The Vanity Set: Little Stabs of Happiness

The Vanity Set
Little Stabs of Happiness
Cargo
2003-08-05

Upon first listen, and most especially on the opening track, “The Big Bang”, you get the impression this is the sort of album destined for a critically acclaimed tag — the sort of release only music hacks tied to their computers and forced to listen to stacks of albums over and over again might like. The type that would be instantly appreciated when compared to the coagulated mass we’ve already exposed ourselves to. If that’s true (and most of the band’s reviews have been favourable), then put me down as the one who initially didn’t feel this way.

Sure, at first you hear the Nick Cave comparisons too, though as the Vanity Set is led by Bad Seeds drummer James Sclavunos, this is an easy connection to make. And this in itself might not be a bad thing, though of course there are people who would argue that there’s need for another Cave kicking around, as the real thing is still alive and well.

The feeling though is short lived, however, as after the opening cut the Vanity Set sound veers from that of the Bad Seeds to something more akin to Canadian indie pop darlings the Dears, a band often derided for trying to sound like the Smiths, or even more cloyingly, Blur. And though comparisons in this case feel necessary, as the Vanity Set sound reminiscent of much and nothing all at once, listening to Little Stabs of Happiness makes it clear that the Dears don’t have this much musical scope and historical perspective in their own quest for indie hip.

It isn’t as if this collective isn’t obviously trying hard, though, with songs wandering rapidly between sounds, keys, and time changes; this though they are at their inventive best in quiet settings, pieces in which Sclavunos’s voice can interact well with the already cinematic musical scope, and most specifically when it robs the musical history books. A case in point is “Imp of the Perverse”, a comfortable and casual jazzy number that would not be out of place in the 1920s. In these instances, they really sound genuinely like their own band, far removed from anything you might be able to conjure up as a comparison point. Namely because there aren’t many bands making music like this, and that’s exciting, though as Sclavunos sings on “No Regrets”: “what it lacks in substance, it makes up in style”.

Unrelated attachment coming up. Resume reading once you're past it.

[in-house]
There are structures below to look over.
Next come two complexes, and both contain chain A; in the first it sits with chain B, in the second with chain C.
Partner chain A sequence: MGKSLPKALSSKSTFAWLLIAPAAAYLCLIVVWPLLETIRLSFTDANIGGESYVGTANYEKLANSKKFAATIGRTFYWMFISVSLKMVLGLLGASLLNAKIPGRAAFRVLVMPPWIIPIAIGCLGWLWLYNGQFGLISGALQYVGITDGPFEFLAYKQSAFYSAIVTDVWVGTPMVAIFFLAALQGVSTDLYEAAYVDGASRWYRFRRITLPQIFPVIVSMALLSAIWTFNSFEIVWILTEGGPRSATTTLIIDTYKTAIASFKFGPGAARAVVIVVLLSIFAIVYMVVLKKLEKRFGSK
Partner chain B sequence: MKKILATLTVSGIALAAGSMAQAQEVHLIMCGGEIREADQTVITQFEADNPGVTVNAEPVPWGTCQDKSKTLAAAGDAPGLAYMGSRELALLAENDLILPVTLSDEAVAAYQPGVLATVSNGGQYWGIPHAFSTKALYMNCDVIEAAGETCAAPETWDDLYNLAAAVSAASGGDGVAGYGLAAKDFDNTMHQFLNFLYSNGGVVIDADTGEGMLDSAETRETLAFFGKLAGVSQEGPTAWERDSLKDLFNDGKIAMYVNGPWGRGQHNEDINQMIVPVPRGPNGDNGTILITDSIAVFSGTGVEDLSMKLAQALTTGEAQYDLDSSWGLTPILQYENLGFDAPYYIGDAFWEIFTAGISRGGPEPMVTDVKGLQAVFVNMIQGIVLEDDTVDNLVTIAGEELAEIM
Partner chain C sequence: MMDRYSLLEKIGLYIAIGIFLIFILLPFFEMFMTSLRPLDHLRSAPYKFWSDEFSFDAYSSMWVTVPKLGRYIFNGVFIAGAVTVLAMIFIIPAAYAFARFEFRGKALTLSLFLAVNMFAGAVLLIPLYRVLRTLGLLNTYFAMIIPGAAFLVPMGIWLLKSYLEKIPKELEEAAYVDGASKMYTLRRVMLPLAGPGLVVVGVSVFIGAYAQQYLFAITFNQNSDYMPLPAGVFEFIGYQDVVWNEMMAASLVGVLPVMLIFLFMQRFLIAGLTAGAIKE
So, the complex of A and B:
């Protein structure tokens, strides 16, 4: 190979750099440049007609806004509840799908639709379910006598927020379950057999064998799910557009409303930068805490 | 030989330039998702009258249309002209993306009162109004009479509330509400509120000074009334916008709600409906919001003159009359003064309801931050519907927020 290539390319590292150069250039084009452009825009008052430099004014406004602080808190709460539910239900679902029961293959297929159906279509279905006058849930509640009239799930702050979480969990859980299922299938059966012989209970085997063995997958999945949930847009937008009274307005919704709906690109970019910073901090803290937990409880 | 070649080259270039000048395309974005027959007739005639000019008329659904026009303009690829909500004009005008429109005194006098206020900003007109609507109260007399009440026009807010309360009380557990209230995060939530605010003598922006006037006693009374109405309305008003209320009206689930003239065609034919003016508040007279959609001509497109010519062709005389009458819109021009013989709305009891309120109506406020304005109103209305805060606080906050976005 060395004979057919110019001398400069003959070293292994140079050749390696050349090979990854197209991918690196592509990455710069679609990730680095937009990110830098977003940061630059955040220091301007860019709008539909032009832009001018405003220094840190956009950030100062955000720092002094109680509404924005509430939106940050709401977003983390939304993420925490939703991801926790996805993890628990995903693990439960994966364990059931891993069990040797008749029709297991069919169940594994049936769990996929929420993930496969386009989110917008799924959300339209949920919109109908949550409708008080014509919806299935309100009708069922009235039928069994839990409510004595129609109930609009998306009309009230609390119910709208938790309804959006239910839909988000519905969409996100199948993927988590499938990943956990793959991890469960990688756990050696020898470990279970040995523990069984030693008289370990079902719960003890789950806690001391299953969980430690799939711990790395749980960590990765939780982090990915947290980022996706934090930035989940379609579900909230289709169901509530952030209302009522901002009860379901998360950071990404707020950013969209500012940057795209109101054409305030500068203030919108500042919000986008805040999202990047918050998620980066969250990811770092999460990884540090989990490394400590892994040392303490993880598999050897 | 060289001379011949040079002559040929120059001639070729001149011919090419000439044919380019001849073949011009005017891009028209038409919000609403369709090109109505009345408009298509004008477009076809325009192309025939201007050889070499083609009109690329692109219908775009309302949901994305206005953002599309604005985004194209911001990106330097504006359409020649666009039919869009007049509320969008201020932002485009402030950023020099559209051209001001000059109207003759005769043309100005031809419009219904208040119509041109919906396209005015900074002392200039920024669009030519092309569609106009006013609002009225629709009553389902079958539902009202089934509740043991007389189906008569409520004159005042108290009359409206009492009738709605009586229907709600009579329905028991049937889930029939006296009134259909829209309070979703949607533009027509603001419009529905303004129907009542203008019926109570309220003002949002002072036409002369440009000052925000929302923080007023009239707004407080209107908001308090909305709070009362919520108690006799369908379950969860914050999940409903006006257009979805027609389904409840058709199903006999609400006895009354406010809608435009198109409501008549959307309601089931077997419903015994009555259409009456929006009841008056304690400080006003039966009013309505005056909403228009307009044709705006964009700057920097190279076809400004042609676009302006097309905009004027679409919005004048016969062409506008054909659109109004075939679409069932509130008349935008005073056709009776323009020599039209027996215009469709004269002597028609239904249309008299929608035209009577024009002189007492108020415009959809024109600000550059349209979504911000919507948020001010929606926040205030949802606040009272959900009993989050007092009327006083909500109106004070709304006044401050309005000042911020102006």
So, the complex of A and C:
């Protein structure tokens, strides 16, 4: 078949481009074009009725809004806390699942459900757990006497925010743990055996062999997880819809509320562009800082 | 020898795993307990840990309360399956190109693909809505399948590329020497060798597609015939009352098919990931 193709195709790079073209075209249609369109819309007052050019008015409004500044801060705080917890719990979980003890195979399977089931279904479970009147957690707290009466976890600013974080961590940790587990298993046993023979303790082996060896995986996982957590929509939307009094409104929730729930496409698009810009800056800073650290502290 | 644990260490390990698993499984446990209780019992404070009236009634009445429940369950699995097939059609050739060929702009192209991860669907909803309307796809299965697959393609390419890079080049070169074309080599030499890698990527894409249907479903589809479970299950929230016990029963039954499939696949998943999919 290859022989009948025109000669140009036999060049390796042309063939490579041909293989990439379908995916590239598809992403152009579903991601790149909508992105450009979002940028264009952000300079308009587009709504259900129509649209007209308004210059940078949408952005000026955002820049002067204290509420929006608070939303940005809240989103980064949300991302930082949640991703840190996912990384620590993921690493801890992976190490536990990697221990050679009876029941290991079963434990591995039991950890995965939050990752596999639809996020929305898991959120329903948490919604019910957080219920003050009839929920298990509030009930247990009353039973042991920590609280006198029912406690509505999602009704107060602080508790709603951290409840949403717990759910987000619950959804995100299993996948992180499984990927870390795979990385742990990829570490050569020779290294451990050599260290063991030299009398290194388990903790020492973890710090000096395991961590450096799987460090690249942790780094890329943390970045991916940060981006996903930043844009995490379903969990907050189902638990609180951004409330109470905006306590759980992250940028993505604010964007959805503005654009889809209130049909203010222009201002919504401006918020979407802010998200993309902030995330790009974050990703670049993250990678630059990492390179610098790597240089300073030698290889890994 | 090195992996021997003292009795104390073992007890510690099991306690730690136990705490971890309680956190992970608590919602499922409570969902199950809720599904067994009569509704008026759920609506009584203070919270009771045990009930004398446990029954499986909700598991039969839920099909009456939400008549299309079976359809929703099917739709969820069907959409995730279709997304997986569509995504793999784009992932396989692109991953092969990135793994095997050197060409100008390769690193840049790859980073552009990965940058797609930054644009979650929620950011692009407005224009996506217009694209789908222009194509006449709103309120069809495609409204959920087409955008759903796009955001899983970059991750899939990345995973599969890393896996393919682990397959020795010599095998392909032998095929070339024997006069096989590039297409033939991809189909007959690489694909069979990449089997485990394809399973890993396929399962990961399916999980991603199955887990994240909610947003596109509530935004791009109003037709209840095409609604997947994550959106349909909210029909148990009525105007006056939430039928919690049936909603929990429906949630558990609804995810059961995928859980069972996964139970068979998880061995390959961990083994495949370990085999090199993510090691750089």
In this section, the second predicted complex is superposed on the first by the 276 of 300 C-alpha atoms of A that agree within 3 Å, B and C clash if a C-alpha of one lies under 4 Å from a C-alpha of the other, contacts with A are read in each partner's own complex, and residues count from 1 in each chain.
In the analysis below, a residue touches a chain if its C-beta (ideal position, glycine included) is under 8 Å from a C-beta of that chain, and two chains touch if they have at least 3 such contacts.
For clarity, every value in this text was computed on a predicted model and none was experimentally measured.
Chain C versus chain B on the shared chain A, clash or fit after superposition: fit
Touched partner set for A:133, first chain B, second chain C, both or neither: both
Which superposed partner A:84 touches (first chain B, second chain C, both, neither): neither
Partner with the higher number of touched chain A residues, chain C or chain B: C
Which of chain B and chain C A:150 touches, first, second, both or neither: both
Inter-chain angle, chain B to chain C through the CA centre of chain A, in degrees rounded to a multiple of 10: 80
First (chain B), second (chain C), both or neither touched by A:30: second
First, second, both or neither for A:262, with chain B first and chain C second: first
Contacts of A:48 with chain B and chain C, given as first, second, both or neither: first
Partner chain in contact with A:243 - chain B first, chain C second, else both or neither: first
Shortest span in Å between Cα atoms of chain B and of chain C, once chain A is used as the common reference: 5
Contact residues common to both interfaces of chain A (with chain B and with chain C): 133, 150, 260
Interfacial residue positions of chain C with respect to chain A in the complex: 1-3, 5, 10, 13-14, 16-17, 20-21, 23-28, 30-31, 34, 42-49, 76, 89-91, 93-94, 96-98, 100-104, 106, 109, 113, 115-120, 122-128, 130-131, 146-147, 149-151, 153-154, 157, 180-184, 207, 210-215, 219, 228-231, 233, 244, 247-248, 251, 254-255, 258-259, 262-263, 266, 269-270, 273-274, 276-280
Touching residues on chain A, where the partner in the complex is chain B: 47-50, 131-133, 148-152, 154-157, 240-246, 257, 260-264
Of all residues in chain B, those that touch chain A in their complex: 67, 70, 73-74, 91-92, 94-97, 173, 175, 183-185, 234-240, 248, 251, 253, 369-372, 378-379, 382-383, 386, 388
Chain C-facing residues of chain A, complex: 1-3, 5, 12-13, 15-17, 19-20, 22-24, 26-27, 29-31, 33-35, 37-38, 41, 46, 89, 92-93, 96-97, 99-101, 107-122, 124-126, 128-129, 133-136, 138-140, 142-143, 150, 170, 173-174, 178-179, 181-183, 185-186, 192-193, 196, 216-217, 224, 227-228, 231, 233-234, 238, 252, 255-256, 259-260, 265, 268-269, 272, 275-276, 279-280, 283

“Some Little Bird” also works well, once again making the most of genre meshing and toning down the group’s dramatic impulses, though still finding room for a choral bridge that could replace a carol at a Christmas time church. “Morning Glory Day” is just quirky enough to add colour and humour to the album, though still strong enough not to be cute, as Sclavunos has a pleasant enough baritone and his lyrics are often humorous.

If you like your music subtle and slightly more opaque though, this is not the band for you. It is, in fact, the place subtlety goes to die. Operatic and melodramatic, almost to the point of irking (though not crossing that line), Little Stabs somehow also doesn’t really truly excite either, unless you count an earnest as all mighty hell cover of the Bee-Gees’ “I Started a Joke”, a cover that, set among the rest of the songs, comes across as slightly moving in its Mike Patton-esque leanings. But this is all on first listen, and interesting, thoughtful music almost always warrants more. And that’s the point, as after thinking all that I’m not sure I like or hate this, but I’m still compelled to listen and give it a chance, and maybe in comparison to much else, that’s enough to garner a recommendation.

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